Because cerebrospinal fluid (CSF) is in direct contact with the extracellular space of the central nervous system, biochemical changes in the brain could potentially be reflected in CSF. The CSF-based detection of BACE1 levels and activity might be valuable in aiding the early diagnosis of AD, especially in patients with mild cognitive impairment (MCI), who show a higher risk of AD.5 Several recent studies6- 8 showed that BACE1 activity can be detected in the CSF. However, whether changes could occur in BACE1 activity or protein levels in the CSF of patients with AD or MCI remains unknown.
In the present study, we quantitatively analyzed the enzymatic activities and protein levels of BACE1 and total Aβ levels in CSF samples from 208 individuals. We aim to determine whether BACE1 levels and activity can be detected in CSF, whether they are altered in AD compared with healthy aging, and whether levels of BACE1 protein and activity may be useful to discriminate patients with AD or MCI from healthy individuals.
A total of 208 individuals were recruited from 2 independent research centers for AD, including 50 patients with probable AD, 45 with MCI, and 19 controls from the Alzheimer Memorial Center, Department of Psychiatry, Ludwig-Maximilian University. The other 30 patients with AD, 14 patients with MCI, and 50 controls were recruited at the Department of Clinical Neuroscience, University of Göteborg, Sahlgren's University Hospital. Demographics of the patients are given in Table 1. Diagnosis of AD was made according to the National Institute of Neurological and Communicative Disorders and Stroke criteria.9 Mild cognitive impairment was diagnosed according to the method of Petersen et al5; that is, patients with MCI had memory performance 1.5 SD below the age-adjusted reference average, as assessed using the Consortium to Establish a Registry for Alzheimer's Disease cognitive battery.10 This battery included verbal learning, recognition, and recall tests; global cognitive function and activities of daily living were unimpaired. Controls were cognitively healthy individuals who underwent spinal anesthesia for surgery of the urinary tract or lower extremities. Psychiatric comorbidity was excluded by means of history, clinical examination, and Composite International Diagnostic Interview.11 All the controls were cognitively normal according to Consortium to Establish a Registry for Alzheimer's Disease cognitive battery performance (within 1 SD in all subtests), and the participants had no complaints of cognitive impairment. To avoid spinal anesthesia as a potential confounding factor when collecting CSF, CSF was obtained immediately after inserting the needle and just before application of the anesthetic drug. All the procedures were approved by the institutional review boards of the respective institutions, and consent forms were signed by the patients before sample collection.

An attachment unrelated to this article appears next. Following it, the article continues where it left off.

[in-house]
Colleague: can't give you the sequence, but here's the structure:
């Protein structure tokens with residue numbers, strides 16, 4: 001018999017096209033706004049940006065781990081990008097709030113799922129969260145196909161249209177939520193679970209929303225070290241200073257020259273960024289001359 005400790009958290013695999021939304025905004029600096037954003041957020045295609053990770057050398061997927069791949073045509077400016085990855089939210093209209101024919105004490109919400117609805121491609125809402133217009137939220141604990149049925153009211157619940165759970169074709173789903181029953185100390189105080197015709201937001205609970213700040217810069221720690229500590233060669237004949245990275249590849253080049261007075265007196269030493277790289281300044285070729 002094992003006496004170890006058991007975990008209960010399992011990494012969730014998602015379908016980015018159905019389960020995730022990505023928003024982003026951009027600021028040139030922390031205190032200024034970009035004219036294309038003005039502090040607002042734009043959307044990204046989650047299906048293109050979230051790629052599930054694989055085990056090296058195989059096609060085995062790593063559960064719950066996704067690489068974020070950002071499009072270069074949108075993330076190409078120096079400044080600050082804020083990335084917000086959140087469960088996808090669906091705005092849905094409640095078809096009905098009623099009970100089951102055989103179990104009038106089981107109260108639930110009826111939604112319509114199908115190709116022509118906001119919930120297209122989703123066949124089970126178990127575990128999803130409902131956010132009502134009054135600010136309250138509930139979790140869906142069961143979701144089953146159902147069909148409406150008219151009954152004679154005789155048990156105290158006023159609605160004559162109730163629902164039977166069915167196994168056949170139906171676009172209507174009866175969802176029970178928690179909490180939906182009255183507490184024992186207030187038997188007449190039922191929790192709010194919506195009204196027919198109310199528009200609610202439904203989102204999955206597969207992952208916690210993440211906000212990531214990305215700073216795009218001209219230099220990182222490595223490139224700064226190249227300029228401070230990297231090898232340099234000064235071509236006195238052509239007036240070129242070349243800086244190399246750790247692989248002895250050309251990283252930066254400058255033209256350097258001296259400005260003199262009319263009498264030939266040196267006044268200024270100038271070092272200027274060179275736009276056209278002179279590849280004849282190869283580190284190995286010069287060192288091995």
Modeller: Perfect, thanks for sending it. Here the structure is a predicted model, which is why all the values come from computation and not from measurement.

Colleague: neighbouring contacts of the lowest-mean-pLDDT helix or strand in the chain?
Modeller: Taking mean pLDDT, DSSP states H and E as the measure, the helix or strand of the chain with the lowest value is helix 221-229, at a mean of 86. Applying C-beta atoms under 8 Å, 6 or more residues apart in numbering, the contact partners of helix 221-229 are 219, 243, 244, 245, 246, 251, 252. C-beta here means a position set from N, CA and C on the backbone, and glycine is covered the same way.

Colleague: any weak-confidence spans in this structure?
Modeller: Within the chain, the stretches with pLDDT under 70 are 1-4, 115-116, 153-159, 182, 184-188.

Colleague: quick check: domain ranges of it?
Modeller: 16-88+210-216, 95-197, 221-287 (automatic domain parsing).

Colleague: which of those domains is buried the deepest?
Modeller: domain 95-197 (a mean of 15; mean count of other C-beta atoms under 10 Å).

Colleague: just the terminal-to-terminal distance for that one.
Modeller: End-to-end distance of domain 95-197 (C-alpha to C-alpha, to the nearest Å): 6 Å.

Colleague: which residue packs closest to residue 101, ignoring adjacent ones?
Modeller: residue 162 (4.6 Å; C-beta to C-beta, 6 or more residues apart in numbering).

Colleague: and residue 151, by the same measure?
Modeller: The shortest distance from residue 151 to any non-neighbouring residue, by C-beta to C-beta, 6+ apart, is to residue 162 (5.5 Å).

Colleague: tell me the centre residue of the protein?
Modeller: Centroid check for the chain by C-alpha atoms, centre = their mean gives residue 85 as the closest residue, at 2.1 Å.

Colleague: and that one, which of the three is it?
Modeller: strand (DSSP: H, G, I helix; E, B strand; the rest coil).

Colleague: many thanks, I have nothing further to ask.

For Western blot analysis, CSF from each group was mixed with an equal volume of sodium dodecyl sulfate (SDS) sample buffer and separated using an 8% SDS polyacrylamide gel. The protein was then transferred to a Hybond polyvinyl difluoride (PVDF) membrane (Hybond-P; Pharmacia, Uppsala, Sweden) by semidry transfer according to the standard procedure. The membrane was then probed with the following antibodies: SECB1 and SECB2 for the N-terminus of BACE1 and C-15 for the C-terminus of BACE1 (Amgen Inc, Thousand Oaks, Calif). Antibodies targeted different sites inside the Asp domain: B278 (aa366-378), B279 (aa295-310), and B280 (aa191-207) (gifts from Riqian Yan, PhD, Cleveland Foundation, Cleveland, Ohio). Other commercially available anti-BACE1 antibodies used include anti-BACE1 polyclonal antibody (BioSource, Camarillo, Calif) and anti-BACE1 monoclonal antibody (R&D Systems Inc). For detecting tubulin, antitubulin polyclonal antibody from Santa Cruz Biotechnology (Santa Cruz, Calif) was used. Optical densitometry analysis was performed using FluorChem8900 (Alpha Innotech, San Leandro, Calif).